Life Amongst the Rubbish: Middening and Conspicuous Consumption at Durrington Walls

Ben Chan

Department of Archaeology, University of Sheffield, S1 4ET. Email: benjamin.t.y.chan@googlemail.com

Cite this as: B. Chan 2009 'Life Amongst the Rubbish: Middening and Conspicuous Consumption at Durrington Walls', Internet Archaeology 26. http://dx.doi.org/10.11141/ia.26.2

Summary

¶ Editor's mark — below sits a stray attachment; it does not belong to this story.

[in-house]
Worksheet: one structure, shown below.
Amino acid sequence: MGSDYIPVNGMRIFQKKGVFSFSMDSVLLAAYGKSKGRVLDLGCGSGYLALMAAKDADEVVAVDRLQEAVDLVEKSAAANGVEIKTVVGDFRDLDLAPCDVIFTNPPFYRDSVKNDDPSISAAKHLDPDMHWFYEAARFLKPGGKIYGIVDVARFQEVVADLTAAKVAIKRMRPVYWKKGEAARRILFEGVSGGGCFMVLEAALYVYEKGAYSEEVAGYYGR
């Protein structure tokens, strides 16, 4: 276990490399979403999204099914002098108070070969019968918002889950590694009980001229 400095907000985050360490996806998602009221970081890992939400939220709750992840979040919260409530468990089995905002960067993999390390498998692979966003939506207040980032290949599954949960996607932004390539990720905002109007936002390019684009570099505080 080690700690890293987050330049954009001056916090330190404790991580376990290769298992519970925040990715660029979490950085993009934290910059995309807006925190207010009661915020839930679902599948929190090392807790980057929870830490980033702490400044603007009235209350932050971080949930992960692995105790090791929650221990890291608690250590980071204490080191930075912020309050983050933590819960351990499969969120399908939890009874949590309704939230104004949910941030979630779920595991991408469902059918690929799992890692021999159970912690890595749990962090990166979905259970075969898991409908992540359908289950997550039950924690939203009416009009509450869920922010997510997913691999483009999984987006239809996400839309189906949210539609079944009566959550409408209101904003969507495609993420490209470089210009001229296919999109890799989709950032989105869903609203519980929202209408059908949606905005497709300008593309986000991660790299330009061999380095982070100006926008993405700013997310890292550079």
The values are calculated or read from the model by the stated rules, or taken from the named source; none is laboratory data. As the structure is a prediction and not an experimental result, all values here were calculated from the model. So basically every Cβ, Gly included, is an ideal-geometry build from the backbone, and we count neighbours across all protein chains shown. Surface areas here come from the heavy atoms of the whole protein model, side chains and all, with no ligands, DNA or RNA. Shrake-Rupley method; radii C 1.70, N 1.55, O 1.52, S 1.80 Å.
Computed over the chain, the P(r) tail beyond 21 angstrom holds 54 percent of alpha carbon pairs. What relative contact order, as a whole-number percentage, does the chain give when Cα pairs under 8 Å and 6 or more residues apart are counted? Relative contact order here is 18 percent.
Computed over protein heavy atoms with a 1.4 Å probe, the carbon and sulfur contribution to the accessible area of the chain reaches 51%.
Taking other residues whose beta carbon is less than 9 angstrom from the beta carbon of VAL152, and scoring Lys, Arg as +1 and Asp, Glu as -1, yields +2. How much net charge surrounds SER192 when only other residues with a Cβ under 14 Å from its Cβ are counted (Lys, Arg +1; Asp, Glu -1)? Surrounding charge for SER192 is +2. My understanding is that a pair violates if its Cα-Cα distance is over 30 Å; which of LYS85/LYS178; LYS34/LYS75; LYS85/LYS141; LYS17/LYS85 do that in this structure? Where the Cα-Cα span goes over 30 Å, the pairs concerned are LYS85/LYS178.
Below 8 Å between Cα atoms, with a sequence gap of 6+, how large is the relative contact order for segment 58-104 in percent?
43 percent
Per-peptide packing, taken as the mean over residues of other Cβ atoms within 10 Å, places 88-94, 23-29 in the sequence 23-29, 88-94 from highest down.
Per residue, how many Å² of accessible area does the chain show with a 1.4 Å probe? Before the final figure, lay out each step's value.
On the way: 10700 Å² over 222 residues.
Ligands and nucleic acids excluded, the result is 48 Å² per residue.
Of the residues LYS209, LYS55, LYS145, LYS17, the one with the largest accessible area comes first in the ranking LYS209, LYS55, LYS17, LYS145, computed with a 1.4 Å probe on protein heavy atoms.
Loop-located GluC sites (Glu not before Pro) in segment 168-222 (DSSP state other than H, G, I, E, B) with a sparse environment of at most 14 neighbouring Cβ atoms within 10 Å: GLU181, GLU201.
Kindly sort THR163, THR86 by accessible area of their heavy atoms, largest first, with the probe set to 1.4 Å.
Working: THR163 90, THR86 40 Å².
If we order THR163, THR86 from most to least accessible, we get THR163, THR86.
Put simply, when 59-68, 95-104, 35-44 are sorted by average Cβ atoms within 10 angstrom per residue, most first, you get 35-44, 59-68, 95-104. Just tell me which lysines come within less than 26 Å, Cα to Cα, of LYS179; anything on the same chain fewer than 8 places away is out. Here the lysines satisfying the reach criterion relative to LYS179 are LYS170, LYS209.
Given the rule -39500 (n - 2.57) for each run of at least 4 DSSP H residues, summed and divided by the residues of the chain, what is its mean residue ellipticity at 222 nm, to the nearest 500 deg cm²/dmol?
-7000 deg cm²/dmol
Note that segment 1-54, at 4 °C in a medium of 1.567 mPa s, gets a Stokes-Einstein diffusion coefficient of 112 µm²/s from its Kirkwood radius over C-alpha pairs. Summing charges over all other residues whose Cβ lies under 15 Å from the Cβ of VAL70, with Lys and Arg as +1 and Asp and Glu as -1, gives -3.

Recent excavations at Durrington Walls have revealed a series of archaeological remains unparalleled in southern Britain. The most artefact-rich part of the site lies just outside the eastern entrance to the henge where a series of five houses was discovered flanking the Durrington Avenue. These houses were surrounded by a large midden that comprised a massive quantity of animal bone, pottery and worked flint. The number of articulated animal bones within the midden is suggestive of large-scale and 'wasteful' feasting episodes. This article presents the preliminary analysis of the worked stone from the midden. Durrington Walls represents a site of massive consumption: consumption of labour, wood, meat, pottery and worked stone. The material from the midden will be understood in these terms, as an act of massive, final and conspicuous consumption.

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